Hardy fund-raisers are gearing up to start a gruelling charity challenge – to row the Atlantic.
To put that into perspective, more people have been into space or climbed Everest than rowed the world’s second largest ocean.
But that daunting prospect is not stopping The Four Oarsmen, aka Peter Robinson, from West Ditchburn Farm, near Eglingham, as well as George Biggar, Dicky Taylor and Stuart Watts.
They are set to begin the Talisker Whisky Atlantic Challenge on Tuesday and the 3,000 nautical miles row could take them the best part of 40 days to complete.
Described as The World’s Toughest Row, the challenge starts from the shores of La Gomera, in the Canary Islands, and finishes at English Harbour, in Antigua.
Peter, 32, said: “We have been training really hard for this. Physically, we are really fit, but it is more and more clear that it will be a mental battle. We have come to realise that it is a difficult thing that we have set ourselves.”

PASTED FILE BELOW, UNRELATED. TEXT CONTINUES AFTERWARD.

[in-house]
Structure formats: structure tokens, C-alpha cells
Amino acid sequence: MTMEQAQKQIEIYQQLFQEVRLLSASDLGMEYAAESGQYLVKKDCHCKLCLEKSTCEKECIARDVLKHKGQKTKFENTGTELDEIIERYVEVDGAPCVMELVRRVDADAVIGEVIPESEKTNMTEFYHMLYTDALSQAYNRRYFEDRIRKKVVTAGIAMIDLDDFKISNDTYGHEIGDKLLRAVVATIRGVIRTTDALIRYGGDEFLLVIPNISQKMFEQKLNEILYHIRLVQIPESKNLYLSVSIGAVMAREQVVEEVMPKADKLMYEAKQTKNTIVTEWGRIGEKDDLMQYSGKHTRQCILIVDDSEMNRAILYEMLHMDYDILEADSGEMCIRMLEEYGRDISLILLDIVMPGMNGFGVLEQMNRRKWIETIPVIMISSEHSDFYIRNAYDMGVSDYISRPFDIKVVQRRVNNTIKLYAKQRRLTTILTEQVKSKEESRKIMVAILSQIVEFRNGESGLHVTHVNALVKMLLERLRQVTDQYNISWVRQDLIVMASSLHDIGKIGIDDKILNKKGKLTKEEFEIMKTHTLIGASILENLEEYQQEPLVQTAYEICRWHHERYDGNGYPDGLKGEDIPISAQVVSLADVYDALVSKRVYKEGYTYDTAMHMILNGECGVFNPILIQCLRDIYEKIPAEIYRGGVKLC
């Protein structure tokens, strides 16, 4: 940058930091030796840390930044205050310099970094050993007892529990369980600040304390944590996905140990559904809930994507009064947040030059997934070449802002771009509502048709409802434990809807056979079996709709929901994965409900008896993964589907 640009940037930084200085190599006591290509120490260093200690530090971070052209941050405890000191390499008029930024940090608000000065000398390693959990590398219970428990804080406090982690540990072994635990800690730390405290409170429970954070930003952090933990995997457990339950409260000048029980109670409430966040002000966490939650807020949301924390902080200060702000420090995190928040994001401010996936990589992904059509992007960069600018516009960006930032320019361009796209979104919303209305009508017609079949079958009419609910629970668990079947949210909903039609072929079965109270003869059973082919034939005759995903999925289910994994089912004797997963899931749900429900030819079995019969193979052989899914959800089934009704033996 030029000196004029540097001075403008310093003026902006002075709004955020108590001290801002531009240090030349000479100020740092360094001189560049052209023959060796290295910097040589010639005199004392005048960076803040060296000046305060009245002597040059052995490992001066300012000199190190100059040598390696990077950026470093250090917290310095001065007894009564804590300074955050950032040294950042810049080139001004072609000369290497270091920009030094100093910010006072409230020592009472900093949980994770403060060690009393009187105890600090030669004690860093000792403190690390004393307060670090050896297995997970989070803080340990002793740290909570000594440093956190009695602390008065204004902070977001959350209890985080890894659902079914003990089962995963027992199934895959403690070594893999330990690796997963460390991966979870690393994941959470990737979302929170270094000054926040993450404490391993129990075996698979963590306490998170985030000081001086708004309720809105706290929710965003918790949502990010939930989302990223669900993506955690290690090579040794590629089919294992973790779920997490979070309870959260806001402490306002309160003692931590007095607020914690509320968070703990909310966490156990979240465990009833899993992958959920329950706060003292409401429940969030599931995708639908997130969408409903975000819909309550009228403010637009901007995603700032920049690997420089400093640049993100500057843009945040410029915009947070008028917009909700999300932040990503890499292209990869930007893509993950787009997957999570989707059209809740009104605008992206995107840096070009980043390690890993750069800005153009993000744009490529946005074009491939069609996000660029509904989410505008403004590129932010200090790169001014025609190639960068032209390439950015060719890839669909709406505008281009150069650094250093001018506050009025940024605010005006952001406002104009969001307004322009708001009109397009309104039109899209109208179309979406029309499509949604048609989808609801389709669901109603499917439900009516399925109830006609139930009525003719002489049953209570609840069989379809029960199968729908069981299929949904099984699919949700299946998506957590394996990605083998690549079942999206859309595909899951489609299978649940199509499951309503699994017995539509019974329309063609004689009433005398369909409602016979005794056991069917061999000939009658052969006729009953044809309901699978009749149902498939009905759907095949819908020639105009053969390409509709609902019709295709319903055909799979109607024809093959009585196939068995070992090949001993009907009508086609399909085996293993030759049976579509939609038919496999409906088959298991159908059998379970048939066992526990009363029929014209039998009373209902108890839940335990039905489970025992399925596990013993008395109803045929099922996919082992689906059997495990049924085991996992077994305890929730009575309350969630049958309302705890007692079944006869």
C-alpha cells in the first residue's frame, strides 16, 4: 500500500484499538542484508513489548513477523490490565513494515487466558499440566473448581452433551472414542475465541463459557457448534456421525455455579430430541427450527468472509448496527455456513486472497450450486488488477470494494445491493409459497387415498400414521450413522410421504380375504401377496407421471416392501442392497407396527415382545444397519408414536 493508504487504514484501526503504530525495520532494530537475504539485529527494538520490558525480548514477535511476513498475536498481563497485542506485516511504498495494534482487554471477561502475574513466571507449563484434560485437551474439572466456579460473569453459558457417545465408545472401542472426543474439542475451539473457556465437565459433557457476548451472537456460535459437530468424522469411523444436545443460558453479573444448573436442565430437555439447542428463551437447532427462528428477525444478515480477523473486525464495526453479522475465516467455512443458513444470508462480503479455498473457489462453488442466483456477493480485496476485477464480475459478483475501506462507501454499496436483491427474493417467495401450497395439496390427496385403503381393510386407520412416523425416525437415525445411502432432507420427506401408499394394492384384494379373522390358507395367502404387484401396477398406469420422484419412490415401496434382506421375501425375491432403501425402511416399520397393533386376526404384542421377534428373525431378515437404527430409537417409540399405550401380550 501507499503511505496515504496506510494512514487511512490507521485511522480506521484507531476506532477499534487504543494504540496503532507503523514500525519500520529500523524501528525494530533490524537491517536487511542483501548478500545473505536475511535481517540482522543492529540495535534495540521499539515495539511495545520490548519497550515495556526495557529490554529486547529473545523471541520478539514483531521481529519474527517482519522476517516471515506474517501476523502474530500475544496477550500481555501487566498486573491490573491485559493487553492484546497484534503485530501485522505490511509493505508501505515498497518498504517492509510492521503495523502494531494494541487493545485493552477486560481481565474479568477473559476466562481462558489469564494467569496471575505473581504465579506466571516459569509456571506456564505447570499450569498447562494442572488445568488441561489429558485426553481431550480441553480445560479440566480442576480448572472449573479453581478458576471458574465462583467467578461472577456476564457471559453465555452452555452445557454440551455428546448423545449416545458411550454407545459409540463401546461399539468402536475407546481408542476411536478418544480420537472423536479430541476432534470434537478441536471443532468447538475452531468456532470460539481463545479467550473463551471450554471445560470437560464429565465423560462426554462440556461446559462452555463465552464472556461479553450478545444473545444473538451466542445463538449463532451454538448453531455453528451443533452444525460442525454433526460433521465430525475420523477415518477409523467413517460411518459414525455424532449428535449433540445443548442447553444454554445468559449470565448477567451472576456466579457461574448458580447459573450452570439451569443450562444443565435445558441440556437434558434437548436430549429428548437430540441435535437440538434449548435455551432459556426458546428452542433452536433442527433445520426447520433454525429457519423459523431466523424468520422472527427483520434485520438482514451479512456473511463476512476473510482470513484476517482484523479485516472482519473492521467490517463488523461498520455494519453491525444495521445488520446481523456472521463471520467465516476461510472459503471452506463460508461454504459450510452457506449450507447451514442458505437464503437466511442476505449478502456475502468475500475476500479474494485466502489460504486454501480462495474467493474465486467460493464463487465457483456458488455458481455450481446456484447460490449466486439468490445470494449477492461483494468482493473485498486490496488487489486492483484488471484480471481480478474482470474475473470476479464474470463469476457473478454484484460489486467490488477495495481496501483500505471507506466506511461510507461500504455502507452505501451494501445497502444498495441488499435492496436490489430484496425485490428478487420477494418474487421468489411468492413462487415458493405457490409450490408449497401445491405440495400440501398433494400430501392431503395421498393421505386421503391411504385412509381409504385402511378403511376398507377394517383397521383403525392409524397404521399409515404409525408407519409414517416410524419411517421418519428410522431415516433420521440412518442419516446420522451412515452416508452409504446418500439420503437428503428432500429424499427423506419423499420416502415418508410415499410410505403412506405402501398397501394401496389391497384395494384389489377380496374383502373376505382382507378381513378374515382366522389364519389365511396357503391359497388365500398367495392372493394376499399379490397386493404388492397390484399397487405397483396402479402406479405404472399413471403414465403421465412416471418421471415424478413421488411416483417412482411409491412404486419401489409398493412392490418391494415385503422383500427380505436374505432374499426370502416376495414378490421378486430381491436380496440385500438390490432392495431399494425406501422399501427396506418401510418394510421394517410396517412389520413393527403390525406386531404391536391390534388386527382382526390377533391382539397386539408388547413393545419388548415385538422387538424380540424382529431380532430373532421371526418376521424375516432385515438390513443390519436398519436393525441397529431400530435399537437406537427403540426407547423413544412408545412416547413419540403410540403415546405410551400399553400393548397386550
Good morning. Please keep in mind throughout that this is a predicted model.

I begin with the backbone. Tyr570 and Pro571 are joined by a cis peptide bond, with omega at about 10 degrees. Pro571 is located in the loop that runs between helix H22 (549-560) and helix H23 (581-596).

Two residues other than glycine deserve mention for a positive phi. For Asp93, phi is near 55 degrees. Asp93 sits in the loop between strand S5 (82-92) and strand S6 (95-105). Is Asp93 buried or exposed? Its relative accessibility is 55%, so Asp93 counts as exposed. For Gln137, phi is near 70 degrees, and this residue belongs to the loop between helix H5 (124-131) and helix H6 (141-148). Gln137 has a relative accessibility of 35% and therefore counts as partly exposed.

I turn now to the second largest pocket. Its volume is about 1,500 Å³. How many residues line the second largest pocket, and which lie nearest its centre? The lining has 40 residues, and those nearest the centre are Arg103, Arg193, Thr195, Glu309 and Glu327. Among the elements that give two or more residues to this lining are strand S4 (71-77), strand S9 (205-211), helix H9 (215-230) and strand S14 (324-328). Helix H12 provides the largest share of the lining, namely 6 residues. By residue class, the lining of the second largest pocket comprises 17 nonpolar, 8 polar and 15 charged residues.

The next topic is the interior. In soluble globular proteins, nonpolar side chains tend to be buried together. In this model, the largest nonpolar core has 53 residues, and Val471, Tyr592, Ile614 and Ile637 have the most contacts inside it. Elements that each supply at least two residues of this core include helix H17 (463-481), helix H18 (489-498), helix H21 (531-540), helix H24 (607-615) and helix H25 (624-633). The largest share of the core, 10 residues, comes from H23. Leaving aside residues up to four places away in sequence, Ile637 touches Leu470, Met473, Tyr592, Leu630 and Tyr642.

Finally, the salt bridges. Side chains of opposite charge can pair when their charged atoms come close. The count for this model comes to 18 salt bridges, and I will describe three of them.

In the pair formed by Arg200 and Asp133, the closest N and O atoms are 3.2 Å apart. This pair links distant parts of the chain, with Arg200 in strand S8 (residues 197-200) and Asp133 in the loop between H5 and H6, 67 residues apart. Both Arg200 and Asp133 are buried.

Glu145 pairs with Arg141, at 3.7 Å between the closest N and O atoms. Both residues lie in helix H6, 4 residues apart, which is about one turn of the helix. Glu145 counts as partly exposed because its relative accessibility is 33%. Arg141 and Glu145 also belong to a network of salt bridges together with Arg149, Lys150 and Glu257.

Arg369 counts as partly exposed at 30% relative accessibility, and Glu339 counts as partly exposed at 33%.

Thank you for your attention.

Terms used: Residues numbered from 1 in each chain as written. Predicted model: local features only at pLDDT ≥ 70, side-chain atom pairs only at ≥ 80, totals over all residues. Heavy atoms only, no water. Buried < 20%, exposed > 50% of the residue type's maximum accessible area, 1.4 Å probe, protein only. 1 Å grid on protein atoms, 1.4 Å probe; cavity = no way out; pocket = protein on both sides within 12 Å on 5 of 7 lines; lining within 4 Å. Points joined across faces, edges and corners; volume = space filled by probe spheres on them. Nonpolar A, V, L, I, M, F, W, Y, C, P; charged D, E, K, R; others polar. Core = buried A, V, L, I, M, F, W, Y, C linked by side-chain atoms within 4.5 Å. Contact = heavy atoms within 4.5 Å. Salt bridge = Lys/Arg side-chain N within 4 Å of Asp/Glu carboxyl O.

It most certainly is! Tackling the feat in a 25-foot boat, the team will have to rely solely on their own manpower, routing and interpretation of the weather conditions, battling against ungodly sleep patterns, physical exhaustion, subzero temperatures and stormy seas.
The Oarsmen will adopt a pattern of rowing for two hours and sleeping for two hours throughout the challenge. Sub-zero temperatures at night will be followed by 40-degree heat during the day, coupled with large waves and cramped sleeping quarters.
The team will process sea water through a solar-powered unit, producing around six gallons of water per day for cooking and hydration. Dried ration packs and food plucked from the ocean will also be on the menu.
But when the going gets tough, the gang will focus their attention on just why they are doing the challenge – to raise money for two charities: Mind, the mental health charity; and Spinal Research.
To sponsor them, visit thefouroarsmen.com